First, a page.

The trial court found defendant was not provided a sign-language interpreter during his arrest. The trial court, denying defendant's motion, concluded the ADA contemplates written communication may adequately substitute for sign language, and found it did so in this case. The trial court determined defendant was able through written communication to perform the field-sobriety tests commonly given in DUI arrests. The trial court concluded defendant understood the impact of his decision in electing to take the breathalyzer test.
After the stipulated bench trial, defendant was sentenced. Defendant filed notice of appeal on August 9, 1996, one day after he was sentenced. On August 27, 1996, defendant filed a motion to reconsider. On September 5, 1996, defendant filed an amended motion to reconsider and vacate judgment. On October 10, 1996, the trial court denied defendant's motion to reconsider. We note the filing of the notice of appeal divested the trial court of jurisdiction, so we have jurisdiction to consider the issue raised.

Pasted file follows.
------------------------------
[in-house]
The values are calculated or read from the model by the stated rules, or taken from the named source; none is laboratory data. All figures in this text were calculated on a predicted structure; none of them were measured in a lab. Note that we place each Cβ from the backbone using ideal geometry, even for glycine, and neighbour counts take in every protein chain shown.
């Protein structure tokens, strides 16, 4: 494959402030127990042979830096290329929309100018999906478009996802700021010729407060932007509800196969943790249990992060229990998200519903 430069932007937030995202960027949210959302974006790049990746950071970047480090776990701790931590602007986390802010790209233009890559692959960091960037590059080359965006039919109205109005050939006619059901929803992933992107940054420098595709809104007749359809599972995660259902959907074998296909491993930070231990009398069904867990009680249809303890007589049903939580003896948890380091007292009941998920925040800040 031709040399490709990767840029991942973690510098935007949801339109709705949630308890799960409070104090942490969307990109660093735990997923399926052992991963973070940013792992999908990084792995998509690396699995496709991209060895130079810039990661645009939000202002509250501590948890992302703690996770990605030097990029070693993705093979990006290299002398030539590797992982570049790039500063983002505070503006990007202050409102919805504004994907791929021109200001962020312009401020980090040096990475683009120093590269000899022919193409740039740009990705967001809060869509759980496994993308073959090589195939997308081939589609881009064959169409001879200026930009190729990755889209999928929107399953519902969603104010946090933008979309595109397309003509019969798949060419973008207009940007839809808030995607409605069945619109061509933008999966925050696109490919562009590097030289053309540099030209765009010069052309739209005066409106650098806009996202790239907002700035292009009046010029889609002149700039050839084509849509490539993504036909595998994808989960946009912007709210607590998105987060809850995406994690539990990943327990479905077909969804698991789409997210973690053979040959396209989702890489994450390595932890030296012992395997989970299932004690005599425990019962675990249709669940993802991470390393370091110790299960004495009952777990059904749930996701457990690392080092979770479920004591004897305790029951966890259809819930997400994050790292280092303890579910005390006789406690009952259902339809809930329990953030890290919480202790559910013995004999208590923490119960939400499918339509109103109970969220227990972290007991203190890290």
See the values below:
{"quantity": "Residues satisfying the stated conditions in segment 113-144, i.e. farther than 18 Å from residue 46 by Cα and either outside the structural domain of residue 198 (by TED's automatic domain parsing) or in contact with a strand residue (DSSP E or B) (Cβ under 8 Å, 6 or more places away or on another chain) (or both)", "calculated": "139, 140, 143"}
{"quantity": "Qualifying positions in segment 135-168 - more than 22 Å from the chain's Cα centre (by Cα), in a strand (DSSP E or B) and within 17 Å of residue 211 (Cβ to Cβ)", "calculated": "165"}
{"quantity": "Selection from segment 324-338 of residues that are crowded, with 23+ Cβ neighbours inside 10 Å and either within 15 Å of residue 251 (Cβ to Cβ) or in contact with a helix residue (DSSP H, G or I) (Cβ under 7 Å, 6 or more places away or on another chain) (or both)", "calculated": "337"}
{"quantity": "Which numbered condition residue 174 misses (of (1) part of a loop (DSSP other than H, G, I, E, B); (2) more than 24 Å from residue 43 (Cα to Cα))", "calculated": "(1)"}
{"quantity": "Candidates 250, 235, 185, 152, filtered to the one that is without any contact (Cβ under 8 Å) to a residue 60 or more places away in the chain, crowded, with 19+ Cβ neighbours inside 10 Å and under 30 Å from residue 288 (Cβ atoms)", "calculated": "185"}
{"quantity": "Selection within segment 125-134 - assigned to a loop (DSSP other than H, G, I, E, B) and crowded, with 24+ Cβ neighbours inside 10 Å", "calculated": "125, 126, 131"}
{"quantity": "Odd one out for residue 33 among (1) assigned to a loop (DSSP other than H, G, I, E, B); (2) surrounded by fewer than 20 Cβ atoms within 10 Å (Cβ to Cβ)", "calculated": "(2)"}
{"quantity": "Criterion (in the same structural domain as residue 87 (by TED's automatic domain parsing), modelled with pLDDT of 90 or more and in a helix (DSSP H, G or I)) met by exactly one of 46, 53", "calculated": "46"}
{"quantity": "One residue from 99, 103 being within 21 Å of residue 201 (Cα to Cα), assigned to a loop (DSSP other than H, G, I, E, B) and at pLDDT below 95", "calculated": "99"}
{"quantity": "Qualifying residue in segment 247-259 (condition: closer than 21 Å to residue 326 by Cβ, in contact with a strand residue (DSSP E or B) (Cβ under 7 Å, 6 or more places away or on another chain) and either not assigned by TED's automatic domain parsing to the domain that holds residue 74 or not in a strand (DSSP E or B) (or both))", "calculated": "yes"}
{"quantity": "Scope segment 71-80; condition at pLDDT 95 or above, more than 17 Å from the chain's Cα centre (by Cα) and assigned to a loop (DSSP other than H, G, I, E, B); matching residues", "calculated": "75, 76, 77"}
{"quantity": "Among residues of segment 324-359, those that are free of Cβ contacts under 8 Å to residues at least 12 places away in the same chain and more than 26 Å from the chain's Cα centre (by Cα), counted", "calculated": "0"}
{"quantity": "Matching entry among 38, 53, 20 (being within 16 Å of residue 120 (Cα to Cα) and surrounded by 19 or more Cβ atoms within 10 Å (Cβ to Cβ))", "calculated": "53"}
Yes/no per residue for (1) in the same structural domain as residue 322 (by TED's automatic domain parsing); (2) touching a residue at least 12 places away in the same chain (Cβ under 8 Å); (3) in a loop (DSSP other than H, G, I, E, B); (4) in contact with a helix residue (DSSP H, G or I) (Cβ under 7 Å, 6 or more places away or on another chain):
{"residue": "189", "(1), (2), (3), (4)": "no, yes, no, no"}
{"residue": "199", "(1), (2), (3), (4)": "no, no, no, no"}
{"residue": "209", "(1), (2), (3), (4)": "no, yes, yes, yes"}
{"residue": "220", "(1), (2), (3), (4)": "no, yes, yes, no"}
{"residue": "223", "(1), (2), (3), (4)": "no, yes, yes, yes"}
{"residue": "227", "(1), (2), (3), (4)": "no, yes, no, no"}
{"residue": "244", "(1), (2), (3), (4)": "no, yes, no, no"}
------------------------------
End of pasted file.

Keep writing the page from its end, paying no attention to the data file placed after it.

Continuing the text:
On appeal, defendant maintains this court should reverse his conviction because his requests for a sign language interpreter were denied. Defendant cites statutory and case law regarding the requisite provision at trial of sign language interpreters for the deaf or "reasonable facilities" for individuals with disabilities. See, e.g., 725 ILCS 140/1 (West 1994); People ex rel. Myers v. Briggs, 46 Ill. 2d 281, 287, 263 N.E.2d 109, 113 (1970); People v. Branson, 131 Ill. App. 3d 280, 287, 475 N.E.2d 905, 911 (1984). Defendant provides no statutory cites or case law directly supporting his proposition that denial of an interpreter during a DUI investigation denied his rights under the ADA.